Inflation and employment remain well below the Federal Reserve’s goals, meaning easy monetary policy is likely to stay in place, central bank Chairman Jerome Powell said Tuesday.
Despite a sharp rise this year in bond yields that has accompanied heightened concern over inflation, Powell said price pressures remain mostly muted and the economic outlook is still “highly uncertain.”
“The economy is a long way from our employment and inflation goals, and it is likely to take some time for substantial further progress to be achieved,” the Fed chief said in prepared remarks for the Senate Banking Committee.
He added that the Fed is “committed to using our full range of tools to support the economy and to help ensure that the recovery from this difficult period will be as robust as possible.”
However, Powell’s statement did not mention the market’s most pressing concern: the jump in 2021 of longer-duration government bond yields to levels not seen since before the Covid-19 pandemic. The 30-year bond, for instance, is up more than half a percentage point and the benchmark 10-year yield has risen 44 basis points.
Powell noted that the pandemic “has also left a significant imprint on inflation” and on balance it is not a threat to the economy.
“Following large declines in the spring, consumer prices partially rebounded over the rest of last year. However, for some of the sectors that have been most adversely affected by the pandemic, prices remain particularly soft,” he said. “Overall, on a 12-month basis, inflation remains below our 2% longer-run objective.”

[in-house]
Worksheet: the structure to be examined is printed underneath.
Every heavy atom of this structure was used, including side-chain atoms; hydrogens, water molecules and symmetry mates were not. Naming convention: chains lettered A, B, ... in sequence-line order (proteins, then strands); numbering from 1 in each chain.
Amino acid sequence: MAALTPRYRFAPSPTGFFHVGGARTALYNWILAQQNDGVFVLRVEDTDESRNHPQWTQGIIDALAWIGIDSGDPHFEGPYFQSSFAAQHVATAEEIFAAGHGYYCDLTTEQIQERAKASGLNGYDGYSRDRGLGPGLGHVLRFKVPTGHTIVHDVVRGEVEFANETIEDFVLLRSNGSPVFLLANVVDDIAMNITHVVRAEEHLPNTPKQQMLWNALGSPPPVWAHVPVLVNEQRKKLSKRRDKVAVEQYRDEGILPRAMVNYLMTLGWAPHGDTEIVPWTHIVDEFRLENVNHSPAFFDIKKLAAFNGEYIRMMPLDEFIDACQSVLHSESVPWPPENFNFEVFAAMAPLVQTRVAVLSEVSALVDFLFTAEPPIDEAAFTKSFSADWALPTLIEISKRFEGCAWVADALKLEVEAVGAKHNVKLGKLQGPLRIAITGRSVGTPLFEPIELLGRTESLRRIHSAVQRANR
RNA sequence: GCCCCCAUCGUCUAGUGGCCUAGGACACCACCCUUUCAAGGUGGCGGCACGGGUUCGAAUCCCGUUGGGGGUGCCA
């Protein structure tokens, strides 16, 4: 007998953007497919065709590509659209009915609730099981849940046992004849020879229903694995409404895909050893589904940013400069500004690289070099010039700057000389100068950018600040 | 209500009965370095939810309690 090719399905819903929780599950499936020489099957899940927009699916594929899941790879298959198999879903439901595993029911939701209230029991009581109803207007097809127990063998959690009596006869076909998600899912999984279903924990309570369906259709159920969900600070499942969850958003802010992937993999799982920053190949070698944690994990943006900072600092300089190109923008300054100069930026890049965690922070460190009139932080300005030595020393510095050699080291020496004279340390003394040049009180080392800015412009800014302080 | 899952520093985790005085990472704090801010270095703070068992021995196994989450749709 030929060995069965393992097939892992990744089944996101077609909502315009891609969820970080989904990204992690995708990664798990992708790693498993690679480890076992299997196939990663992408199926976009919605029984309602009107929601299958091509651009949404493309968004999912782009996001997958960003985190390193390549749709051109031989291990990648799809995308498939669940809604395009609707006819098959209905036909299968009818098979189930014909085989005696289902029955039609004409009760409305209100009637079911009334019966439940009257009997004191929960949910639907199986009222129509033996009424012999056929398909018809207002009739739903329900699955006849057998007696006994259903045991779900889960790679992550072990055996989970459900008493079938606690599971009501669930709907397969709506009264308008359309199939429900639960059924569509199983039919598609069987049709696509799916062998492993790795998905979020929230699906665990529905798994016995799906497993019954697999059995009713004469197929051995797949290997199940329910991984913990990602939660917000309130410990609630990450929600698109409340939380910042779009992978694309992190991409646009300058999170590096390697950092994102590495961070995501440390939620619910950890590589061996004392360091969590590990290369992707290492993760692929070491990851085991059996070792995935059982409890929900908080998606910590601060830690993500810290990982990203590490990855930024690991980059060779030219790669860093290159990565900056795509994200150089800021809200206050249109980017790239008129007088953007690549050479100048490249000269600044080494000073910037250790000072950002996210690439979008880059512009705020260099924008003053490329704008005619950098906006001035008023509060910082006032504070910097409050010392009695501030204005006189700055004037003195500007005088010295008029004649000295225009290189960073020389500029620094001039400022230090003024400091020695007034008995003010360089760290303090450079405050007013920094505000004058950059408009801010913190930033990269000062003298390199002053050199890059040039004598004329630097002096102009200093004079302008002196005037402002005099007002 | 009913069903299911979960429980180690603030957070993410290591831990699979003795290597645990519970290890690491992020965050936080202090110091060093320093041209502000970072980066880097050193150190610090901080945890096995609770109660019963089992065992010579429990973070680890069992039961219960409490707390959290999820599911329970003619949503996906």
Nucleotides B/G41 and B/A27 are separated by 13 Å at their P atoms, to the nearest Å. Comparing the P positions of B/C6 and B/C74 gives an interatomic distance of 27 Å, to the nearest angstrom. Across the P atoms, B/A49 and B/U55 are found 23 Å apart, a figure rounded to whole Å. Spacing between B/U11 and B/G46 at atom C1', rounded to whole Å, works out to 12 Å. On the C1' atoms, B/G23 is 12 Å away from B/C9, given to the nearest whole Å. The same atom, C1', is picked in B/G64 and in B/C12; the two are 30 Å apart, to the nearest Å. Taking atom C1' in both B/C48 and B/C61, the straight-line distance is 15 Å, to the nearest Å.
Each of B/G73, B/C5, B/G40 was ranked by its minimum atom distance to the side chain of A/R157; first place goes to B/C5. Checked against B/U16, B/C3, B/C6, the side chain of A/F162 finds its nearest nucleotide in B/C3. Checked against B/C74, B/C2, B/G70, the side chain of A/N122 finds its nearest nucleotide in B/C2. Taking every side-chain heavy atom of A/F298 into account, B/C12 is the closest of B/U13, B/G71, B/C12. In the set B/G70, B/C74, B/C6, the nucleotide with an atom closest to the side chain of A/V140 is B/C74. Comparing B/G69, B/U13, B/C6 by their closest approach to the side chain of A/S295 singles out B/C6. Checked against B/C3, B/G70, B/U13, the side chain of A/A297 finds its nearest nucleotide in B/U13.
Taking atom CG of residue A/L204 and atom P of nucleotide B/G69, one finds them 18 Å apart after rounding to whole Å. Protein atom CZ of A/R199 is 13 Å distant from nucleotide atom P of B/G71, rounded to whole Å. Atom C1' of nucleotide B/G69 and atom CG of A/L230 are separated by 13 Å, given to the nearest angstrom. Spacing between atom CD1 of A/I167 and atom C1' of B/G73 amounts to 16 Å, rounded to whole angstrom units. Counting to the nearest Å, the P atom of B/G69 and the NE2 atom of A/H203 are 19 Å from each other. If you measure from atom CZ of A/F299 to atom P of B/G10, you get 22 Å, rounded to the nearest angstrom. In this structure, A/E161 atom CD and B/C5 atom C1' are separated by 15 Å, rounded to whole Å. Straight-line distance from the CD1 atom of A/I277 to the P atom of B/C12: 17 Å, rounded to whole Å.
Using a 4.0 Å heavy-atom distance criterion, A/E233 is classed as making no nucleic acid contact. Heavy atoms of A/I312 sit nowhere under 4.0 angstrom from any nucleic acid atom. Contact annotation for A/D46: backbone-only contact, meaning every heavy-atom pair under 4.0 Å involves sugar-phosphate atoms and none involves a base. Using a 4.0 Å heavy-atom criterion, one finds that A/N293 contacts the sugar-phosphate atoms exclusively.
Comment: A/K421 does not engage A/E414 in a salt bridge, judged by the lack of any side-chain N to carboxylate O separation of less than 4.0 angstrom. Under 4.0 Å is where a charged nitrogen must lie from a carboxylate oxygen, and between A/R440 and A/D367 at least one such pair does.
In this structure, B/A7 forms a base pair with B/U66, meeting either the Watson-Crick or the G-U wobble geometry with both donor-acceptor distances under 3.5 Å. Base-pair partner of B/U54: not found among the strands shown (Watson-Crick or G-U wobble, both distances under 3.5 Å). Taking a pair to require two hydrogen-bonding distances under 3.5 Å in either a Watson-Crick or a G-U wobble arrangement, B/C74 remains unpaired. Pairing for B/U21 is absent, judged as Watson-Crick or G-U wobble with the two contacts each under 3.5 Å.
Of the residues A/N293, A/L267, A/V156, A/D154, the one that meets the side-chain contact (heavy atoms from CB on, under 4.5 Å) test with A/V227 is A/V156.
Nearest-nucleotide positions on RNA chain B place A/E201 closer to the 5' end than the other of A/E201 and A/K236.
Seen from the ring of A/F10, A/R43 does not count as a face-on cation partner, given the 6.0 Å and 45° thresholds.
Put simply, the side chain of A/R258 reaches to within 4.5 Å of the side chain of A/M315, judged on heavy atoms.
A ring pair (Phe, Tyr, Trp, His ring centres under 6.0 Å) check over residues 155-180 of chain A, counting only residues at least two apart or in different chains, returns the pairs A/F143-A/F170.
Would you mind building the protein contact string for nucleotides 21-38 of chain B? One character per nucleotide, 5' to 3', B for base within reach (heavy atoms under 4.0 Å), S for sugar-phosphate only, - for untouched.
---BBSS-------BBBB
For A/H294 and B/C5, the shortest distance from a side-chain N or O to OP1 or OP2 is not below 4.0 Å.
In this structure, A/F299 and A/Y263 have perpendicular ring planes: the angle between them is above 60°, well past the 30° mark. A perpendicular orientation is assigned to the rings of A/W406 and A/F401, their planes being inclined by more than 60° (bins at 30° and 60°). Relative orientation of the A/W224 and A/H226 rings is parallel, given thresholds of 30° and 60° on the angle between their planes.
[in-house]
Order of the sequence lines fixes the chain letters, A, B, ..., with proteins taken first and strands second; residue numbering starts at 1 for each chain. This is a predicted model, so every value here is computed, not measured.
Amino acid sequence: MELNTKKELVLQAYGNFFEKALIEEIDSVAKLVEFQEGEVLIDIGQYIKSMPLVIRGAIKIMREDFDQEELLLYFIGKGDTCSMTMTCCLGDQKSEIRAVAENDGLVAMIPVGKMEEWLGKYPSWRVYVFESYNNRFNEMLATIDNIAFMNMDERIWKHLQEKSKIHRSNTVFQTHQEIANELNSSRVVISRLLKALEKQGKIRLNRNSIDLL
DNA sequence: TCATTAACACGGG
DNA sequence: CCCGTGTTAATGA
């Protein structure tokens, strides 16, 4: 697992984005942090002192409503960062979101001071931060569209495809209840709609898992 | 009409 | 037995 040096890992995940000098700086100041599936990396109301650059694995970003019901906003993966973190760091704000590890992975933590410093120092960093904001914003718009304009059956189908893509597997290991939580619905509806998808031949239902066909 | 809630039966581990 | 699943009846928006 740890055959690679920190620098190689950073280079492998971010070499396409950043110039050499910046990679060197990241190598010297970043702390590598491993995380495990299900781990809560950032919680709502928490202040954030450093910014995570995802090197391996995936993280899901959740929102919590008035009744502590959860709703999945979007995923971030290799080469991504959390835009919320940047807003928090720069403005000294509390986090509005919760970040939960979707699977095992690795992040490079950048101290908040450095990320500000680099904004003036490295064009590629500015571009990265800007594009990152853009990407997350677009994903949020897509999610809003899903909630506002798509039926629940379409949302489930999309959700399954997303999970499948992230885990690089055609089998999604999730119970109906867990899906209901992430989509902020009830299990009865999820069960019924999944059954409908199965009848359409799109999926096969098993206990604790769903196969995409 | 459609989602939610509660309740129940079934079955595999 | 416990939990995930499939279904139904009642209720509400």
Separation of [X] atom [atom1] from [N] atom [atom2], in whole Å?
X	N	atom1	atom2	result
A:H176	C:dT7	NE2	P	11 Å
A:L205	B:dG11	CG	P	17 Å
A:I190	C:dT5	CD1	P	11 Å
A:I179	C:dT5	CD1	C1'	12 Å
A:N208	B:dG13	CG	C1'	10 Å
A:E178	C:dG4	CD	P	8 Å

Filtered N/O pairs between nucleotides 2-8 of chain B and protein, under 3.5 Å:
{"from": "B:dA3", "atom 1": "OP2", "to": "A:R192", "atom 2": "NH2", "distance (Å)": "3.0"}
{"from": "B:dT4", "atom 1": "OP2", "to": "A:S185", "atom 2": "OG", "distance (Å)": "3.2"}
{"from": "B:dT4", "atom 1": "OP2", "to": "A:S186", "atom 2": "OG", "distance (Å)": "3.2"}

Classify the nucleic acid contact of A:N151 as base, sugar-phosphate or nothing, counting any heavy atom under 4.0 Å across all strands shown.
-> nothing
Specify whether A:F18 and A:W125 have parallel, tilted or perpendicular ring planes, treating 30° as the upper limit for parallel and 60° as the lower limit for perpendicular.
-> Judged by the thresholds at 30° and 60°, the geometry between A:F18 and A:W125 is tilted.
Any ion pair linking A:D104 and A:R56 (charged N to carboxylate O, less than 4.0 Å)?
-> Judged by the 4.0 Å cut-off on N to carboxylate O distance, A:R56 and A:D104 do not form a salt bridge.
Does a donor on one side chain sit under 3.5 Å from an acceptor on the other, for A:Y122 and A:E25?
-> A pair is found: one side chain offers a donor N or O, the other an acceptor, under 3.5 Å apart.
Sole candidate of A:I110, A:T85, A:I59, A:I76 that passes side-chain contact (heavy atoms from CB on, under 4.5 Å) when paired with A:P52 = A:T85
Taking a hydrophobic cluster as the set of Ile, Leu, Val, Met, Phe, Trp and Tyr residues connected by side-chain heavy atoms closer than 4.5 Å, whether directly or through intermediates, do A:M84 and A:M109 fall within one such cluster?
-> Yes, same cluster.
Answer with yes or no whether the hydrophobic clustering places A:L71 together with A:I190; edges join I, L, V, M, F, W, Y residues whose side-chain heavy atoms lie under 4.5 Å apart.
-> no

The Fed last year revised its approach to inflation. In the past, it would levy preventive rate hikes when it saw unemployment drop, thinking that a stronger job market would push up prices.
Now, it has adopted an approach in which it will allow inflation to average above 2% for a period of time before moving to tighten policy.
“This change means that we will not tighten monetary policy solely in response to a strong labor market,” Powell said.
Markets pared losses after the release of Powell’s remarks though major averages remained negative across the board. Treasury yields briefly rose then fell back and were little changed on the session.
“Mr. Powell presumably wants to try to persuade markets that a strengthening economy does not necessarily mean that rates have to rise. Good luck with that when the post-Covid surge in activity [becomes] clear,” wrote Ian Shepherdson, chief economist at Pantheon Macroeconomics.
‘Improved outlook’ ahead
As for the rest of his economic assessment, Powell was cautious, saying that even while gains have remained “uneven and far from complete,” the recent drop in coronavirus cases and the continued rollout of vaccines is offering hope.
“While we should not underestimate the challenges we currently face, developments point to an improved outlook for later this year. In particular, ongoing progress in vaccinations should help speed the return to normal activities,” he said. “In the meantime, we should continue to follow the advice of health experts to observe social-distancing measures and wear masks.”
Consumer behavior also presents a dichotomy, with spending on goods strong, as evidenced by blockbuster January retail sales, but spending on services still weak while many bars, restaurants and hotels across the country operate at limited capacity.
Powell also noted disparities in employment gains, saying that Blacks, Hispanics and other minorities are still struggling even as the unemployment rate has fallen from a pandemic high of 14.8% to the current 6.3%.
He also noted that the housing sector “has more than fully recovered from the downturn, while business investment and manufacturing production have also picked up.” Aggressive policy from both the Fed and Congress were big factors in the recovery, Powell added.
Correction: Powell is speaking before the Senate Banking Committee. An earlier version misstated the committee.